Backgrounder Article from  Global Affairs Canada

Canada's support for United Nations Population Fund to help women and girls

The support announced today by Marie-Claude Bibeau, Minister of International Development and La Francophonie, totals up to $81.6 million in funding for United Nations Population Fund (UNFPA) initiatives, as follows.

Renewed institutional funding (calendar year 2016; $15.6 million)

UNFPA uses its institutional funding, which comes from Canada and other donors, to achieve its core mandate and functions, including with respect to the implementation of the 2030 Agenda for Sustainable Development. The expected outcomes of Canada’s support include:

  • increased access to sexual and reproductive health services that are gender sensitive and that meet human rights standards for quality of care and equal access;
  • the development of policies and programs that prioritize adolescent girls, particularly with regard to health services;
  • accelerated progress in the empowerment of women and girls, including action on sexual and reproductive health services and rights; and
  • increased use of data based on facts to develop national policies and international development programs that will address gaps in reproductive rights and in health services.

Strengthening midwifery services in South Sudan (fiscal years 2015-2020; $50 million)

South Sudan has among the world’s highest maternal, newborn and child mortality rates. One reason for this is a critical shortage of skilled maternal, newborn and child health care providers.

Canada’s support for this initiative will help reduce maternal and newborn mortality in South Sudan by building the capacity of front-line health care providers, especially midwives, in the country. More than any other health professionals, midwives have the potential to reduce maternal and newborn deaths, in this case by up to two thirds. Midwives who are trained and regulated to meet international standards can also provide 87 percent of the care that mothers and newborns require to survive.

This project will focus on training additional health care providers—primarily midwives, but also nurses and clinical officers—at four health science training institutes currently supported by Global Affairs Canada and at two additional training institutes in South Sudan.

The project is implemented in partnership with the Canadian Association of Midwives (CAM). CAM will provide direct peer-to-peer mentoring support and technical expertise from practising Canadian midwives and maternal and child health professionals.

Prevention of adolescent pregnancies in Honduras (fiscal years 2016-2021; $11 million)

Honduras has the second highest rate of adolescent pregnancies in the western hemisphere. This leads to high drop-out rates from school, maternal and child illness, poverty, migration, and child, early and forced marriage or unions. Canada’s support for this initiative is expected to:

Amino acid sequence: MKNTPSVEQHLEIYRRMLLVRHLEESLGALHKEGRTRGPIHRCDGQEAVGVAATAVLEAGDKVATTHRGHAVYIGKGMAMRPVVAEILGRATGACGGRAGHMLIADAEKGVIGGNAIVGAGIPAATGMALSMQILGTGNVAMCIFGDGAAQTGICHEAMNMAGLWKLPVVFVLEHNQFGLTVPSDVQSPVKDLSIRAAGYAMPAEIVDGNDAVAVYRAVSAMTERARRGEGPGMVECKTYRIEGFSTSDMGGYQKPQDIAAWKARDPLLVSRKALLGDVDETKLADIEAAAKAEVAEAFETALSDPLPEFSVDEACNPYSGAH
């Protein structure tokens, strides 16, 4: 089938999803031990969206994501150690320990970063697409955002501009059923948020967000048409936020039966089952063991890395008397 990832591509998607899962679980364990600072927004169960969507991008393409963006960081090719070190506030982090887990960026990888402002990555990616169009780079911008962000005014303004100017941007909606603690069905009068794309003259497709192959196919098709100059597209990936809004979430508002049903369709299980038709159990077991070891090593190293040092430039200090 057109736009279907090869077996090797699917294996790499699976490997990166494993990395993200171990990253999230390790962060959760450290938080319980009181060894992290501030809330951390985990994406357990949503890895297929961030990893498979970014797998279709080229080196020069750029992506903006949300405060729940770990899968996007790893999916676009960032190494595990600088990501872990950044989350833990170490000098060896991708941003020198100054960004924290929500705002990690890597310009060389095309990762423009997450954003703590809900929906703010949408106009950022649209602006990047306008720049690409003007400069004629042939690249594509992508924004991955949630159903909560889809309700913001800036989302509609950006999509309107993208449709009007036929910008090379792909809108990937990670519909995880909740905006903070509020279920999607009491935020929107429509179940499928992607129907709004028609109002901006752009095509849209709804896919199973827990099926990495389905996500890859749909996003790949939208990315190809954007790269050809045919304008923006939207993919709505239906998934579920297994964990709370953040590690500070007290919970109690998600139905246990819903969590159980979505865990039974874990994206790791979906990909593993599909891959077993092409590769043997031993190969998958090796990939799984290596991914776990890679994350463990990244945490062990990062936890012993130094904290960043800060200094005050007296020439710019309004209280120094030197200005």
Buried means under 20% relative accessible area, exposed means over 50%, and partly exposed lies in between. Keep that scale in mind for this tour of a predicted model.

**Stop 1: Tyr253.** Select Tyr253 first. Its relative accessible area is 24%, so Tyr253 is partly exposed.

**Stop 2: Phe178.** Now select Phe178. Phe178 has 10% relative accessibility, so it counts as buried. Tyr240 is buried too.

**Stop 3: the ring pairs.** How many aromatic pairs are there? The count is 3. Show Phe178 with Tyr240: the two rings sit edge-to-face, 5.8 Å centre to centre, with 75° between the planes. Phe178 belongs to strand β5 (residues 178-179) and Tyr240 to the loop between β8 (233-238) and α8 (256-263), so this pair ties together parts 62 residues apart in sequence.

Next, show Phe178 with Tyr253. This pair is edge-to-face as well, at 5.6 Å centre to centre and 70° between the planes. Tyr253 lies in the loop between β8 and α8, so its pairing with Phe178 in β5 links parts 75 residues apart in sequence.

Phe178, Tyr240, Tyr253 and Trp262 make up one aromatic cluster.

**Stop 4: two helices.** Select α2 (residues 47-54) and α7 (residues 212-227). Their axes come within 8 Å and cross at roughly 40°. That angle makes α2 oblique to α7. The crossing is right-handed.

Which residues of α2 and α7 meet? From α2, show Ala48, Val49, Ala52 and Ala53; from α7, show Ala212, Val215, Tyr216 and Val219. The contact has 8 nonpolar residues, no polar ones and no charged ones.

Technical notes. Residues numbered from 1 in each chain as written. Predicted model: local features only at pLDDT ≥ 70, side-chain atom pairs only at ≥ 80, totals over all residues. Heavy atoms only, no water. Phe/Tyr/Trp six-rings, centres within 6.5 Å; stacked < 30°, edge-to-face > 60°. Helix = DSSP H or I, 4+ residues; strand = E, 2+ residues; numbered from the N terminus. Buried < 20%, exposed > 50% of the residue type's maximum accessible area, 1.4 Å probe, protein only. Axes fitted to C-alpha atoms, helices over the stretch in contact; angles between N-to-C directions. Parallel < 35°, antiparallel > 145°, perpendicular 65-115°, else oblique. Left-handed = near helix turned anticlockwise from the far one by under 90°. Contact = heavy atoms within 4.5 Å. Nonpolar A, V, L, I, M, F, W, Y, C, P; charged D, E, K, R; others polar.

• strengthen protection of the sexual and reproductive rights of adolescents;
  • improve the coverage and quality of adolescent health care services, including comprehensive sex education, for the prevention of adolescent pregnancies; and
  • strengthen strategic alliances between key governmental, civil society and private sector parties to help prevent adolescent pregnancies.

Contraceptive supplies initiative ($5 million)

An estimated 225 million women in developing countries would like to delay or stop childbearing but are not using any method of contraception. Reasons for this include:

  • limited choice of methods;
  • limited access to contraception, particularly among young people, poorer segments of populations or unmarried people;
  • fear or experience of side-effects;
  • cultural or religious opposition;
  • poor quality of available services;
  • users’ and providers’ bias; and
  • gender-based barriers.

The unmet need for contraception remains too high. This inequity is fuelled by both a growing population and a shortage of family planning services. In Africa, 23.2 percent of women of reproductive age have an unmet need for modern contraception. In Asia, and Latin America and the Caribbean—regions with relatively high contraceptive prevalence—the levels of unmet need are 10.9 percent and 10.4 percent, respectively. In line with Canada’s efforts to prioritize maternal, newborn and child health programming based on evidence and to close certain existing gaps in reproductive health, Canada will support UNFPA to deliver on a contraceptive supplies initiative, in an aim to improve the health of women.

Background on UNFPA

UNFPA’s mandate is to support countries by using population data to develop policies and programs that reduce poverty and ensure that every pregnancy is wanted, every birth is safe, every young person is free of HIV and every girl and woman is treated with dignity and respect. UNFPA focuses on three main areas: reproductive health and rights, gender equality, and population and development strategies.

Canada and UNFPA have worked closely for almost 50 years and will continue to collaborate in a variety of development areas, including sexual and reproductive health and rights; women’s, children’s and adolescents’ health; ending child, early and forced marriage; and certain humanitarian contexts.

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Hon. Marie-Claude Bibeau Global Affairs Canada Government and Politics

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